How to Teach Perimeter in 2024

If you are an elementary teacher looking for tips and ideas for how to teach perimeter, then you found the right place! Learn what perimeter is, why it’s important, what your students need to know, and get 5 helpful tips for teaching it in a fun and engaging way. Read all about teaching perimeter below!

how to teach perimeter

What is Perimeter?

Perimeter is the boundary that surrounds a shape. The perimeter can be found by finding the total length of the sides of a two-dimensional shape. 

Why is Perimeter Important?

It is important for students to learn perimeter because measurement helps to quantify physical space. In addition, perimeter provides a foundation for more advanced mathematics found in algebra, trigonometry and calculus. 

What Perimeter Skills Do Students Need to Know?

Below are the Common Core and TEKs standards that relate to perimeter that define what students should be able to do by the end of the school year.

Common Core Standards

Below are the CCSS related to how to teach perimeter.

3rd Grade

  • Solve real world and mathematical problems involving perimeters of polygons, including finding the perimeter given the side lengths, finding an unknown side length, and exhibiting rectangles with the same perimeter and different areas or with the same area and different perimeters. (3.MD.D.8)

4th Grade

  • Apply the area and perimeter formulas for rectangles in real world and mathematical problems. For example, find the width of a rectangular room given the area of the flooring and the length, by viewing the area formula as a multiplication equation with an unknown factor. (4.MD.A.3)


Below are the TEKS related to how to teach perimeter.

3rd Grade

  • Determine the perimeter of a polygon or a missing length when given perimeter and remaining side lengths in problems; revised August 2017 15 (3.7B)

4th Grade

  • Use models to determine the formulas for the perimeter of a rectangle (𝑙 + 𝑀 + 𝑙 + 𝑀 or 2𝑙 + 2𝑀), including the special formula for perimeter of a square (4𝑠) and the area of a rectangle (𝑙 x 𝑀); and (4.5.C)
  • Solve problems related to perimeter and area of rectangles where dimensions are whole numbers. (4.5.D)

5th Grade

  • Represent and solve problems related to perimeter and/or area and related to volume. (5.4.H)

5 Tips for How to Teach Perimeter

Below are 5 helpful tips for teaching perimeter to elementary students.

1. Read Aloud Picture Books that Teach Perimeter

Reading aloud picture books is a great way to integrate literacy into your math block and present information in a different way. Our favorite picture books for teaching perimeter are Library Book: Spaghetti & Meatballs for All! A Math Story (Rise and Shine) by National Geographic Learning, Perimeter, Area, and Volume: A Monster Book of Dimensions by David Adler and Racing Around (Math Start series) by Stuart Murphy. Check out the full list of math picture books we recommend!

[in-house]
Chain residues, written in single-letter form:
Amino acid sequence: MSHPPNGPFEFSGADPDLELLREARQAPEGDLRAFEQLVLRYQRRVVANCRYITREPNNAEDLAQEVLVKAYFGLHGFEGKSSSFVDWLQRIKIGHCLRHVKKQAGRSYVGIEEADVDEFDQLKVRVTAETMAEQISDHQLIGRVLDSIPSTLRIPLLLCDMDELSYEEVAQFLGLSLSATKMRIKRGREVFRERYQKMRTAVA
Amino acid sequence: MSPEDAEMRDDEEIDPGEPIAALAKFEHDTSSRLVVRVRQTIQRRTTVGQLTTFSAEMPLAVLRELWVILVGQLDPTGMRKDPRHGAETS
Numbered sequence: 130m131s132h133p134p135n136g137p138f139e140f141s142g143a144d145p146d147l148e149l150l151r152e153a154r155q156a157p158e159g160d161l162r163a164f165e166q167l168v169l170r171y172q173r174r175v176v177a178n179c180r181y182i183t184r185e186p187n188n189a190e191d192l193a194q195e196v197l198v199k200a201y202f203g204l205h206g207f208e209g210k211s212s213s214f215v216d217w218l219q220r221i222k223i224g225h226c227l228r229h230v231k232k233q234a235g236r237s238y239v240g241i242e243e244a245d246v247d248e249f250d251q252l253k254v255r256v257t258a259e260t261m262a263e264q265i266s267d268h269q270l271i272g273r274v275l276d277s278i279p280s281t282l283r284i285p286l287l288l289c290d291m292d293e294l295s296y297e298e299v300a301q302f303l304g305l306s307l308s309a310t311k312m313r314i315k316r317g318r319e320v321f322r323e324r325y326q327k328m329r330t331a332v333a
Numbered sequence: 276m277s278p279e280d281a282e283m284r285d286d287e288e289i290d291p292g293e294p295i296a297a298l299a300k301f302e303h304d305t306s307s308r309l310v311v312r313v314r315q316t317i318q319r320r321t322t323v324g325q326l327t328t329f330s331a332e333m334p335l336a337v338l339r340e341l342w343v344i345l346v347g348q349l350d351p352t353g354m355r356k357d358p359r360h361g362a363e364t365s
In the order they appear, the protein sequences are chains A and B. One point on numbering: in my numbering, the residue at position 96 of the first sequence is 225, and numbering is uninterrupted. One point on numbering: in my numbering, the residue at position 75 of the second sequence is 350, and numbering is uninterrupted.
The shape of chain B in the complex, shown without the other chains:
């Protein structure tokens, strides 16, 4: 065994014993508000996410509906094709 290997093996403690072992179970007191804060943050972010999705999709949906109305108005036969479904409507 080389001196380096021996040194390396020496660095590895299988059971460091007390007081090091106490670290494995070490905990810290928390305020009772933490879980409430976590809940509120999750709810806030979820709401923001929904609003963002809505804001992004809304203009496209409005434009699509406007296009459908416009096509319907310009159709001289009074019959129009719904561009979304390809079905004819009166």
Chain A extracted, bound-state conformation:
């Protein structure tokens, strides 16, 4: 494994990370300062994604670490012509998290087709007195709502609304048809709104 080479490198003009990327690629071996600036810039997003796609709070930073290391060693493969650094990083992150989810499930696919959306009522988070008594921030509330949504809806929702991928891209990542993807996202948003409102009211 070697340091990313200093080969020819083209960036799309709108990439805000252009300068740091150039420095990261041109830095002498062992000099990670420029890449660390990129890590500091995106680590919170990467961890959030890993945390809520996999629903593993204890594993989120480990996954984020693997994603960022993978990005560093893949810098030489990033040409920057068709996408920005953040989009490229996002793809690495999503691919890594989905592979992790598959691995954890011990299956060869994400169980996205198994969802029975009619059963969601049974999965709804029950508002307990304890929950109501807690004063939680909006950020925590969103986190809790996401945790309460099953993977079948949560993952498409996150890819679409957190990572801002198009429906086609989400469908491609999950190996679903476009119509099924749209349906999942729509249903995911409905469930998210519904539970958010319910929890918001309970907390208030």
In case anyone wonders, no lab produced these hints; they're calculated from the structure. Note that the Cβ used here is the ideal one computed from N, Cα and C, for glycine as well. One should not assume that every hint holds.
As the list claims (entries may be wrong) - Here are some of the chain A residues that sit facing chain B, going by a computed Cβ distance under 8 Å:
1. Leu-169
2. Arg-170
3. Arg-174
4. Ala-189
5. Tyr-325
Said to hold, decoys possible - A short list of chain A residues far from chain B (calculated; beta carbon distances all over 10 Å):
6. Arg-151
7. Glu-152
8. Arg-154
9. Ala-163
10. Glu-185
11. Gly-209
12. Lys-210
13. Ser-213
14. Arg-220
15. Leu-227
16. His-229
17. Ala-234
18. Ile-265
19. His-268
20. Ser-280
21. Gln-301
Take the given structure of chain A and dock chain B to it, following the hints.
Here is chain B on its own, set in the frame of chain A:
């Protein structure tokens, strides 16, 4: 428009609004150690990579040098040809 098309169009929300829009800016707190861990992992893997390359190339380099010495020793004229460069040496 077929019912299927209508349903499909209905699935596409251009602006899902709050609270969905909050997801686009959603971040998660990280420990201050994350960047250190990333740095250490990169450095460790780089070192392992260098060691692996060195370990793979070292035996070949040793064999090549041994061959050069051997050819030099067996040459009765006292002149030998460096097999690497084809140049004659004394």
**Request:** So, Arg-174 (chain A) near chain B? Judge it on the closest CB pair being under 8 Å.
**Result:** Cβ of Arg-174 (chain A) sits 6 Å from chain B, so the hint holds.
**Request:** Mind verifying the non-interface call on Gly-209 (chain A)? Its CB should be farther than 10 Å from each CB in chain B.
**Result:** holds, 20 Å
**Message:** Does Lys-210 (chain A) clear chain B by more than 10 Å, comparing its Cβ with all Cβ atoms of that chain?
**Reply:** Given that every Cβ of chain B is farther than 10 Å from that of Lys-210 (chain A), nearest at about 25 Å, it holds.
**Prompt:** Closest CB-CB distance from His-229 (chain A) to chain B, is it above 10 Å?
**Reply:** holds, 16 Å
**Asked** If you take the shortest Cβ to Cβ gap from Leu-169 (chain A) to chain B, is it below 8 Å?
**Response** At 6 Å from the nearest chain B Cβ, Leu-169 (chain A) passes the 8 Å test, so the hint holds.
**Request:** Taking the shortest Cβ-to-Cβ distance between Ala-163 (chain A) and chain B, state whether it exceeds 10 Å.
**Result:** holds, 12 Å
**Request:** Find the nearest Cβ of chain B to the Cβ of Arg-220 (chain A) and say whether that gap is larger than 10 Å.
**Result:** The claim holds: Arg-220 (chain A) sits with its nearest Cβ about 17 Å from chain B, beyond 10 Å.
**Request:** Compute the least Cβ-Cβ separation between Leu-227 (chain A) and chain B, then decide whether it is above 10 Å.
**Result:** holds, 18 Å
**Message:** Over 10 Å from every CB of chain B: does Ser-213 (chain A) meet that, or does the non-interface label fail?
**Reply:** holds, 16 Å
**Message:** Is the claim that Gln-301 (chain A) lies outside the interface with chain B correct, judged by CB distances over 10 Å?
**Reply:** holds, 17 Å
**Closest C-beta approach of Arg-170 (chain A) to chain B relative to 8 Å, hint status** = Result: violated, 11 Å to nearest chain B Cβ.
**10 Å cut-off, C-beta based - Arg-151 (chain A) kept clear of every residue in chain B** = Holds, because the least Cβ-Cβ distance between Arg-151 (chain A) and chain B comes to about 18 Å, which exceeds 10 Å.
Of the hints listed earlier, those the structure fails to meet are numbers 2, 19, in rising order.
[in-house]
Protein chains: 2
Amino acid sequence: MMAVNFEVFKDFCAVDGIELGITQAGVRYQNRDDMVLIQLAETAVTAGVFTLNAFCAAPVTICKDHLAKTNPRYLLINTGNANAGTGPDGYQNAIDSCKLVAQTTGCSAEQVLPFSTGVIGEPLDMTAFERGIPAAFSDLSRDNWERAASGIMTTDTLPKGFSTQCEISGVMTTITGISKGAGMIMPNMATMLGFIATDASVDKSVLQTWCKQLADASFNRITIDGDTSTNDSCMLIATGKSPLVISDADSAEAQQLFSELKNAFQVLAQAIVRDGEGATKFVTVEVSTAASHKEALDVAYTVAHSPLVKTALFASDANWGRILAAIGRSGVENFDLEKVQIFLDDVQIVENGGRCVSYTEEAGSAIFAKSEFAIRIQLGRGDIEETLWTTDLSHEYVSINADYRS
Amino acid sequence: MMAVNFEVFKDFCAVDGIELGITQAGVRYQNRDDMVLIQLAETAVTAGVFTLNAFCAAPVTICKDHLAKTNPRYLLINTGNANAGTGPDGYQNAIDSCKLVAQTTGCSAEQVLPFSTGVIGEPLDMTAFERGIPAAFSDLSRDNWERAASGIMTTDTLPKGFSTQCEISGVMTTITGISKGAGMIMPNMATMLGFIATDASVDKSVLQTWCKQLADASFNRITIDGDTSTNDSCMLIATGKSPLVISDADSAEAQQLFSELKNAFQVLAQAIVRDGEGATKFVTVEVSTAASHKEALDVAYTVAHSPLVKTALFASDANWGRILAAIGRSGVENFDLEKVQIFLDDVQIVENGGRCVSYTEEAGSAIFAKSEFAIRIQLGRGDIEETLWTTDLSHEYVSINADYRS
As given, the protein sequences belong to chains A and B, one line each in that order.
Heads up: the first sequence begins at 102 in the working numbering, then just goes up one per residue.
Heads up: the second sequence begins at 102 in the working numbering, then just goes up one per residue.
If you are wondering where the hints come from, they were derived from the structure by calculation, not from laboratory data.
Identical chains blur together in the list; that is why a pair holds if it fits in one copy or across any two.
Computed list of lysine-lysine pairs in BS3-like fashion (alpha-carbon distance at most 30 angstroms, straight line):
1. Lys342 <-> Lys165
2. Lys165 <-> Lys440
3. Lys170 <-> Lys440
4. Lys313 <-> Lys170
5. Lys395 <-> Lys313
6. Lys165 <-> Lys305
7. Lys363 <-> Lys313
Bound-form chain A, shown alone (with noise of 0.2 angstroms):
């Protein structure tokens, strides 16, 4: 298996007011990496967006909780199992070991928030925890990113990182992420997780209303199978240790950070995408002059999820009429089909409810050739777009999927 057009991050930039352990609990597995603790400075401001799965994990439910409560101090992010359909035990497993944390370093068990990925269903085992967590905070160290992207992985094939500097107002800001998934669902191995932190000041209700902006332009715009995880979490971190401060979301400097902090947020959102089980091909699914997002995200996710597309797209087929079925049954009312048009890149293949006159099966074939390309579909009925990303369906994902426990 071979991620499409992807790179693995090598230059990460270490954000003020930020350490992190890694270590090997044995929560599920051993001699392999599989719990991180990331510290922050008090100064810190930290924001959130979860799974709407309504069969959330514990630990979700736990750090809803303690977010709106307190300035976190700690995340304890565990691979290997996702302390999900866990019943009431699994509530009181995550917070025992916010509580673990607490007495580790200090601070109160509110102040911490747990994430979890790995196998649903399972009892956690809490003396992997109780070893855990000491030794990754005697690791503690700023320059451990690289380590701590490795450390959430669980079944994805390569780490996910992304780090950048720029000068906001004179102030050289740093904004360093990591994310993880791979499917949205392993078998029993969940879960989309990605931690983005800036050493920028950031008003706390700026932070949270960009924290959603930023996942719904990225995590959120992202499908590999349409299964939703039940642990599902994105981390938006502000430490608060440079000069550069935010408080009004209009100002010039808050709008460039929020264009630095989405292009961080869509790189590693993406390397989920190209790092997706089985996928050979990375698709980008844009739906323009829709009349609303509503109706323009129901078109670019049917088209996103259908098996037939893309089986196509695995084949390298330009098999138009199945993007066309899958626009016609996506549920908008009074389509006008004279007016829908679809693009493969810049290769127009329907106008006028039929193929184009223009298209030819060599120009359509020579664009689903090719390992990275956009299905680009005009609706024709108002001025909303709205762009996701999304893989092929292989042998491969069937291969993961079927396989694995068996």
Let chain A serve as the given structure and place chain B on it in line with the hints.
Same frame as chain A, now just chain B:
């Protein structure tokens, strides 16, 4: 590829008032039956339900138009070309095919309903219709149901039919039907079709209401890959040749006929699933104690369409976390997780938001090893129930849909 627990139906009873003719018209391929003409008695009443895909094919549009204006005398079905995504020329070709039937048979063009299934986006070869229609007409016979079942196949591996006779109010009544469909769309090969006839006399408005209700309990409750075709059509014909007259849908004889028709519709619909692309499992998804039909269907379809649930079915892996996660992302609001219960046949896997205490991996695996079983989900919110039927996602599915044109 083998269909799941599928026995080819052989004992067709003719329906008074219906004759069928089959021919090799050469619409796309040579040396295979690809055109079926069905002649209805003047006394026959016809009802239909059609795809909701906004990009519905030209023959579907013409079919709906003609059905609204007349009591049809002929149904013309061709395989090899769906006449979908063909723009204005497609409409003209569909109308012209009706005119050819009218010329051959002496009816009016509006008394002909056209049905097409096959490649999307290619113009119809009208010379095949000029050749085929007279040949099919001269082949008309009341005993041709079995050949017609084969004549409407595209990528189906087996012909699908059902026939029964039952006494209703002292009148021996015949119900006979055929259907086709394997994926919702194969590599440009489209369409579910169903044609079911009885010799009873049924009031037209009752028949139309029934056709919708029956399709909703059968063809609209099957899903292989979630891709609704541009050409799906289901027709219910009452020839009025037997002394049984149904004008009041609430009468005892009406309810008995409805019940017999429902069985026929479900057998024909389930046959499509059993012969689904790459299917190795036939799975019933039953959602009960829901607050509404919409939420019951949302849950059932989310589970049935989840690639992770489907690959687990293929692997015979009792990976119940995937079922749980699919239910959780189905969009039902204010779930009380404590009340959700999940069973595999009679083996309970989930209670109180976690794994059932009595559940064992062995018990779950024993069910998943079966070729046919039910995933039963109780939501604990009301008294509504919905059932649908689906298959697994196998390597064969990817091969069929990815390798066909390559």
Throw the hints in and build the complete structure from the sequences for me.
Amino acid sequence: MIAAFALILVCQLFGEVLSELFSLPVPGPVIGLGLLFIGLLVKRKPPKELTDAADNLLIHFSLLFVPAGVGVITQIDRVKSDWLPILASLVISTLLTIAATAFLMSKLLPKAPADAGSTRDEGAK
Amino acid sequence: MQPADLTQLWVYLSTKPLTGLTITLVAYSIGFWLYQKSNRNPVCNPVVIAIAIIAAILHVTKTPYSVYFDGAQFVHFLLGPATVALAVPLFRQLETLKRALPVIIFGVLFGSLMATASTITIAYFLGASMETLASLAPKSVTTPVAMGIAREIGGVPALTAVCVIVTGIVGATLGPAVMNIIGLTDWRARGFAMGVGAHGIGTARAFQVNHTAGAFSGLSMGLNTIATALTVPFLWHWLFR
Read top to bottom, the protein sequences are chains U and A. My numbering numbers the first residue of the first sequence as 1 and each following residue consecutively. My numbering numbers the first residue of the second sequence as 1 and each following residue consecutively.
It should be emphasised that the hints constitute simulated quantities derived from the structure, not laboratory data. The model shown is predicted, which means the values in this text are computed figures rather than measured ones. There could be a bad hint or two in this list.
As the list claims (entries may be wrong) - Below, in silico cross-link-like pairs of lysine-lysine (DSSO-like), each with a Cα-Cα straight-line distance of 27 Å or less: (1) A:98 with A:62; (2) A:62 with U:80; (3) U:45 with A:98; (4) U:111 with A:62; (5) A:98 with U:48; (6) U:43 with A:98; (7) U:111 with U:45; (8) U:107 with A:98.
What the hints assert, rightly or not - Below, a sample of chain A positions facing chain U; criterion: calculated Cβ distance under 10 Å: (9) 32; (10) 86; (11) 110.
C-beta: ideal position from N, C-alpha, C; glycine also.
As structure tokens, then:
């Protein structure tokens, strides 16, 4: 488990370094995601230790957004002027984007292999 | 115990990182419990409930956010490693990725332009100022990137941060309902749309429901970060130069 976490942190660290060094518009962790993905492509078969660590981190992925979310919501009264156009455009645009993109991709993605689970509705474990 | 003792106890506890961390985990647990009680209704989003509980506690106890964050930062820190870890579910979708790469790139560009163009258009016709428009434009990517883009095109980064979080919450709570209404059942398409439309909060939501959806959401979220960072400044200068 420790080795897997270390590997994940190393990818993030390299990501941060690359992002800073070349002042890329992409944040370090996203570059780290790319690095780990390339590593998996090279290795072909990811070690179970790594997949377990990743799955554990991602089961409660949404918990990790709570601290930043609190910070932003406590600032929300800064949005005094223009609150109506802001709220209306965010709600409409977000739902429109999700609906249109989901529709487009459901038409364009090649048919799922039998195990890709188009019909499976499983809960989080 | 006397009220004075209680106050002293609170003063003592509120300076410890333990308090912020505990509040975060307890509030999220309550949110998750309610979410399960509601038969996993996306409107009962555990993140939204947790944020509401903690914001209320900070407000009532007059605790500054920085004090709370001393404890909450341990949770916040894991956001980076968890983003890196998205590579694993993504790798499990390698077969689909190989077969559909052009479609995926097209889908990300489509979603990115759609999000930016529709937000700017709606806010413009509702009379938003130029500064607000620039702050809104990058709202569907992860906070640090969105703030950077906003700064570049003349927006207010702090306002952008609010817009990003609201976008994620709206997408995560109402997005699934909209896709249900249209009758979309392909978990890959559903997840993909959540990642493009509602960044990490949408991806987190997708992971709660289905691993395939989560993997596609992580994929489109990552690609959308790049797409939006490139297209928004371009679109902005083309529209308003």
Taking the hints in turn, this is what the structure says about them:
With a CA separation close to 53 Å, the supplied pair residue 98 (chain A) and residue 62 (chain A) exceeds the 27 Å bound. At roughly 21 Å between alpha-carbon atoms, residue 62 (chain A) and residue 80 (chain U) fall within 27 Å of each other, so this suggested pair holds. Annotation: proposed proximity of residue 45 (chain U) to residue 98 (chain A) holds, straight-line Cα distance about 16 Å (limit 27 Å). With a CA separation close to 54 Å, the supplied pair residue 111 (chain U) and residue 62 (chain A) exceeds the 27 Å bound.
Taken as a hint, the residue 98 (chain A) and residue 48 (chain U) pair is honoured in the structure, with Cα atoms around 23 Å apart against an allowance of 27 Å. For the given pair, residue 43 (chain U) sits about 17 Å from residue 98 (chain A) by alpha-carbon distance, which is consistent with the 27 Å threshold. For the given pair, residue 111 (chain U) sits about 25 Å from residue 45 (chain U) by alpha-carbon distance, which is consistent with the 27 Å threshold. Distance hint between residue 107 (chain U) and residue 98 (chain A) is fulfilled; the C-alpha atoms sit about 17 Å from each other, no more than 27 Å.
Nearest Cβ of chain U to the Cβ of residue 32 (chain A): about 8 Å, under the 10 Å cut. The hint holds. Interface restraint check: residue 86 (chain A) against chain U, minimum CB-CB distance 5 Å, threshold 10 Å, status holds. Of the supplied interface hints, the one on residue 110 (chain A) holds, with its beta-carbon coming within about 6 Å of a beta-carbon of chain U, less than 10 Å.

2. Offer Hands On Learning Experiences

Hands-on math experiences help students make connections, remember their learning, and develop a deep conceptual understanding of the content. You can make any lesson interactive and engaging by offering math manipulatives. Our favorite math manipulatives for teaching perimeter are geoboards and 1 inch tiles. 

Teaching math vocabulary is essential for all students, but it is especially beneficial for students who speak English as a second language and students with learning differences. Key vocabulary terms for perimeter are perimeter, area, formula, two-dimensional, one-dimensional, shapes, attribute, properties, parallelogram, row, parallel, dimensions, side, length, width, distance, units, measure, measurement, ruler, column, quadrilateral, polygon, rhombus, rectangle and square. 

4. Give Students Opportunities to Apply Perimeter to the Real World

Learning becomes more meaningful when students understand how it connects to the real world. Students are more engaged and invested in their learning. Some examples of ways we use perimeter in the real world are when putting up fencing in a yard, finding the total length of the boundary of a football field, or the length of material needed to make a frame for a picture. Project based learning and word problems are examples of opportunities for students to apply their learning to real world situations.

5. Encourage Parent Involvement

Parent participation in math is essential because it impacts students’ attitude toward math, proficiency levels this school year, and future success in their math education. Be sure to keep communication open with families and share ways they can support their children in their math learning. Some examples of ways they can practice perimeter at home are working together to determine how many yards of Christmas lights they will need to hang around the house, building a pool or determining if a new table will fit in the dining room. 

In closing, we hope you found this information about how to teach perimeter helpful!

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